Ridesharing App HopSkipDrive Announces Layoffs
Francesca Billington is a dot.LA editorial intern. She's previously reported for KCRW, the Santa Monica Daily Press and local publications in New Jersey. Before joining dot.LA, she was a communications fellow at an environmental science research center in Sri Lanka. She graduated from Princeton in 2019 with a degree in anthropology.
HopSkipDrive, the ridesharing company for kids and one of Los Angeles most visible startups, laid off staff Tuesday as the pandemic ravaged growth plans.
Co-founder and CEO Joanna McFarland would not say how many of the 100-plus employees she laid off but told dot.LA that after delivering the news to the group affected over Zoom, managers held one-on-one meetings to review benefits and severance pay. Several departments were impacted including operations, branding, sales and customer support.
The latest round of layoffs follow an earlier one in March in which the company cut 10 percent of its staff, according to layoffs.fyi, a website tracking job loss.
"One of HopSkipDrive's core values is 'feel it', meaning empathy," McFarland said. "It was very important to us to show empathy to all employees and to communicate directly with both employees who were impacted and those that were not impacted."
The six-year old company, that's raised roughly $98 million, spent the summer building COVID-safe standards to prepare for an abnormal school year. Then, one after the other, school districts across the country changed plans from in-person or hybrid classes to a completely virtual curriculum.
"Schools closing has a direct and significant impact on our business," McFarland told dot.LA by email.
"These reductions are not in any way reflective of work performance but were unfortunately necessary due to the impact COVID-19 has had on our business, like many others," McFarland wrote on LinkedIn in announcing the decision.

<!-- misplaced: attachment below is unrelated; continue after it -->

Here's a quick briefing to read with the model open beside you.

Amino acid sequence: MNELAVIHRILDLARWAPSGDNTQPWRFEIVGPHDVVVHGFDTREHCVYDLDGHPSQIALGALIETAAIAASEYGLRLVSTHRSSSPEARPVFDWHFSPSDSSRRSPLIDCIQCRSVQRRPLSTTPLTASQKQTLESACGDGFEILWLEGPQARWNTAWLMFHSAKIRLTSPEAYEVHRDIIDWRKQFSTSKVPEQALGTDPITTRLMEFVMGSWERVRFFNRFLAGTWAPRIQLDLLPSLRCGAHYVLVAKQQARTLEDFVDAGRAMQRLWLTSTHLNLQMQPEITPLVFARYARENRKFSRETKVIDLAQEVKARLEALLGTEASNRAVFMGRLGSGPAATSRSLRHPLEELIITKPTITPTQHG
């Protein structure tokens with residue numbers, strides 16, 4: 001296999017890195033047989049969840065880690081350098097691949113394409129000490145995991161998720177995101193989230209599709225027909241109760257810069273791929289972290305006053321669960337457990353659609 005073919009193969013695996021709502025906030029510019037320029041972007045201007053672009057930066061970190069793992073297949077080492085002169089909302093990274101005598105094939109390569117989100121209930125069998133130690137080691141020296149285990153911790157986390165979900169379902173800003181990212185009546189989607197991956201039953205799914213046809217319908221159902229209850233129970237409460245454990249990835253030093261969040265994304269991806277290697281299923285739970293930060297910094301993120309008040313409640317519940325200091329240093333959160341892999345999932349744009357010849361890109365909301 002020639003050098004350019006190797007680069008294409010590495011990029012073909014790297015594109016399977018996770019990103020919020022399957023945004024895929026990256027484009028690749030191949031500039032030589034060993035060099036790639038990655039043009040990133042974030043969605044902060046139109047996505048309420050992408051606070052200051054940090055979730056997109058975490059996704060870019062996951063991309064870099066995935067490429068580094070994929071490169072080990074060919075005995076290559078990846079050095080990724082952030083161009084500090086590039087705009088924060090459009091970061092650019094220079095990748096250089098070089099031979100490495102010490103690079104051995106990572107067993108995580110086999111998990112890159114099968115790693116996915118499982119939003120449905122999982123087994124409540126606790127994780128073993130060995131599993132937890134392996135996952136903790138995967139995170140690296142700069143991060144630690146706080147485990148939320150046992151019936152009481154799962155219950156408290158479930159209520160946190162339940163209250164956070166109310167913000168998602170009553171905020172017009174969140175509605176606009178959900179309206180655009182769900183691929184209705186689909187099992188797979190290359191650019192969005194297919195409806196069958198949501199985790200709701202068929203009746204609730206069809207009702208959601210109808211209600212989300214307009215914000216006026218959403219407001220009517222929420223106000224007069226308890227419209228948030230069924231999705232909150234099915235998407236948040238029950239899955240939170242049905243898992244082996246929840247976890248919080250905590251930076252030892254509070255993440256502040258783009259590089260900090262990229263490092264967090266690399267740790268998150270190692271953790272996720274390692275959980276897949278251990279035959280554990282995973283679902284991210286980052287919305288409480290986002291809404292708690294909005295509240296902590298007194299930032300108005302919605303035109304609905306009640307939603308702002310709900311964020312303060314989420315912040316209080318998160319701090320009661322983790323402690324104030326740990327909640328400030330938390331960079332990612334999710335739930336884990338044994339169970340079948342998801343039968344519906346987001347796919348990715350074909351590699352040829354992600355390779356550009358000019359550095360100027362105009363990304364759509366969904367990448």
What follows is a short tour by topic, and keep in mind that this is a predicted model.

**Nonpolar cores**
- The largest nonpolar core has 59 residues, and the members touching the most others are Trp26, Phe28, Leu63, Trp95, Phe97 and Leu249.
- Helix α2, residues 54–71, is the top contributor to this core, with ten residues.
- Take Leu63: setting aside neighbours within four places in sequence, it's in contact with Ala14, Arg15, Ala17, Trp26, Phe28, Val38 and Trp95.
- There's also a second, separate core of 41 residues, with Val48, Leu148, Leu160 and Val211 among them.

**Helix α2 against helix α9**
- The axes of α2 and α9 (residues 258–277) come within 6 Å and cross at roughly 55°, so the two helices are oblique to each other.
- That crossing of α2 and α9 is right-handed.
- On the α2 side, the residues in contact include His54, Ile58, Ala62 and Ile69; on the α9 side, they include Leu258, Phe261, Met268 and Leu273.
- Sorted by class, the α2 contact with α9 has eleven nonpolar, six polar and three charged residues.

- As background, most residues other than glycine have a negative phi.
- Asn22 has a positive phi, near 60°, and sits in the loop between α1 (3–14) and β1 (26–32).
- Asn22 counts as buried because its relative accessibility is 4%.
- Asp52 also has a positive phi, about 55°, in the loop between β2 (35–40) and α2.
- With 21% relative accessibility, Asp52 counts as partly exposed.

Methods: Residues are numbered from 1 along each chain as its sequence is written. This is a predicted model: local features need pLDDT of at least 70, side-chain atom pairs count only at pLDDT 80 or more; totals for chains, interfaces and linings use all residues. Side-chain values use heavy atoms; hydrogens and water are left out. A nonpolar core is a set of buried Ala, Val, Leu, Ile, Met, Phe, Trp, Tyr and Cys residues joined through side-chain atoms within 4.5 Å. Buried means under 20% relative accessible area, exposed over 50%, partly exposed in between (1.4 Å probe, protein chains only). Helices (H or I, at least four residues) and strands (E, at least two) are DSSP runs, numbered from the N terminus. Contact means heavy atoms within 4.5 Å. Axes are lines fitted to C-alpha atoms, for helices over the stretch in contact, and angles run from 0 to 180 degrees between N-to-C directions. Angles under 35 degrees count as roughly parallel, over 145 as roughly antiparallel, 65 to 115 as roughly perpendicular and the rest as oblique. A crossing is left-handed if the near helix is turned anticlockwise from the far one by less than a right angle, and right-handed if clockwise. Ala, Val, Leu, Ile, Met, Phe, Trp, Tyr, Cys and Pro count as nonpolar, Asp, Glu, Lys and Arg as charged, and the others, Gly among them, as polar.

Companies have been careful about letting go of workers remotely after startups like the e-scooter service Bird soured relationships with former employees after a poorly planned layoff round.
McFarland said that demand for this service will surge once schools reopen because it offers socially-distanced, safe transportation for schools looking to limit bus capacity.
"Schools will need to prioritize the students we primarily serve more than ever — students with special needs, students experiencing homelessness and students in the foster care system," she said. "These are the students who are likely to have the biggest learning gaps due to Covid."
LAUSD begins its entirely virtual school year on August 18.
"Schools will come back, and when they do, we are poised to take off. We will be in a position to create more opportunities for kids, for CareDrivers, for families and for our team than ever before."
Until that happens, McFarland says the company will continue operations with its partners in markets that have opened schools. It'll also support seniors with mobility needs and partners looking to use the service to fulfill meal and technology deliveries.
McFarland and two other L.A. working moms founded HopSkipDrive in 2014 to help parents juggling hectic schedules. Unlike rideshare companies that bar underage riders, HopSkipDrive was designed for children as young as six.
In February, HopSkipDrive announced a $22 million funding round to expand its operations in new cities, dot.LA reported. Months before, in November of 2019, the company relocated its office to ROW DTLA and began a sizable hiring push across departments.
The service, now offered in 14 markets across eight states and Washington D.C., is expanding to Midland, Texas this coming school year to support Midland Independent School District.
- HopSkipDrive Will Layoff Over 100 Employees - dot.LA ›
- How Working From Home Challenges Women and How To Succeed ... ›
- Joanna McFarland, CEO, President and Co-Founder of HopSkipDrive ›
- HopSkipDrive, Ridesharing Company for Kids, Doubles Fundraising ... ›
Subscribe to our newsletter to catch every headline.
Musicians are facing a tough road and the pandemic hasn't made life any easier. But changes are afoot that could help.
A flurry of deals between music copyright owners and a grab bag of online video purveyors may be just the first step in a process that could see "the most important copyright reform since the U.S. passed the Digital Millennium Copyright Act (DMCA) 22 years ago," according to one industry observer.
With it, artists and rights holders should be better positioned to benefit from the growing relevance of music across social media platforms, gaming consoles, virtual gyms and much more.
Palantir Technologies' stock rose more than 30% after the enigmatic, big data analytics company officially went public with a direct listing on the New York Stock Exchange Wednesday.
The stock under the ticker symbol PLTR ended the day at $9.50 per share or $2.25 above its $7.25 reference price.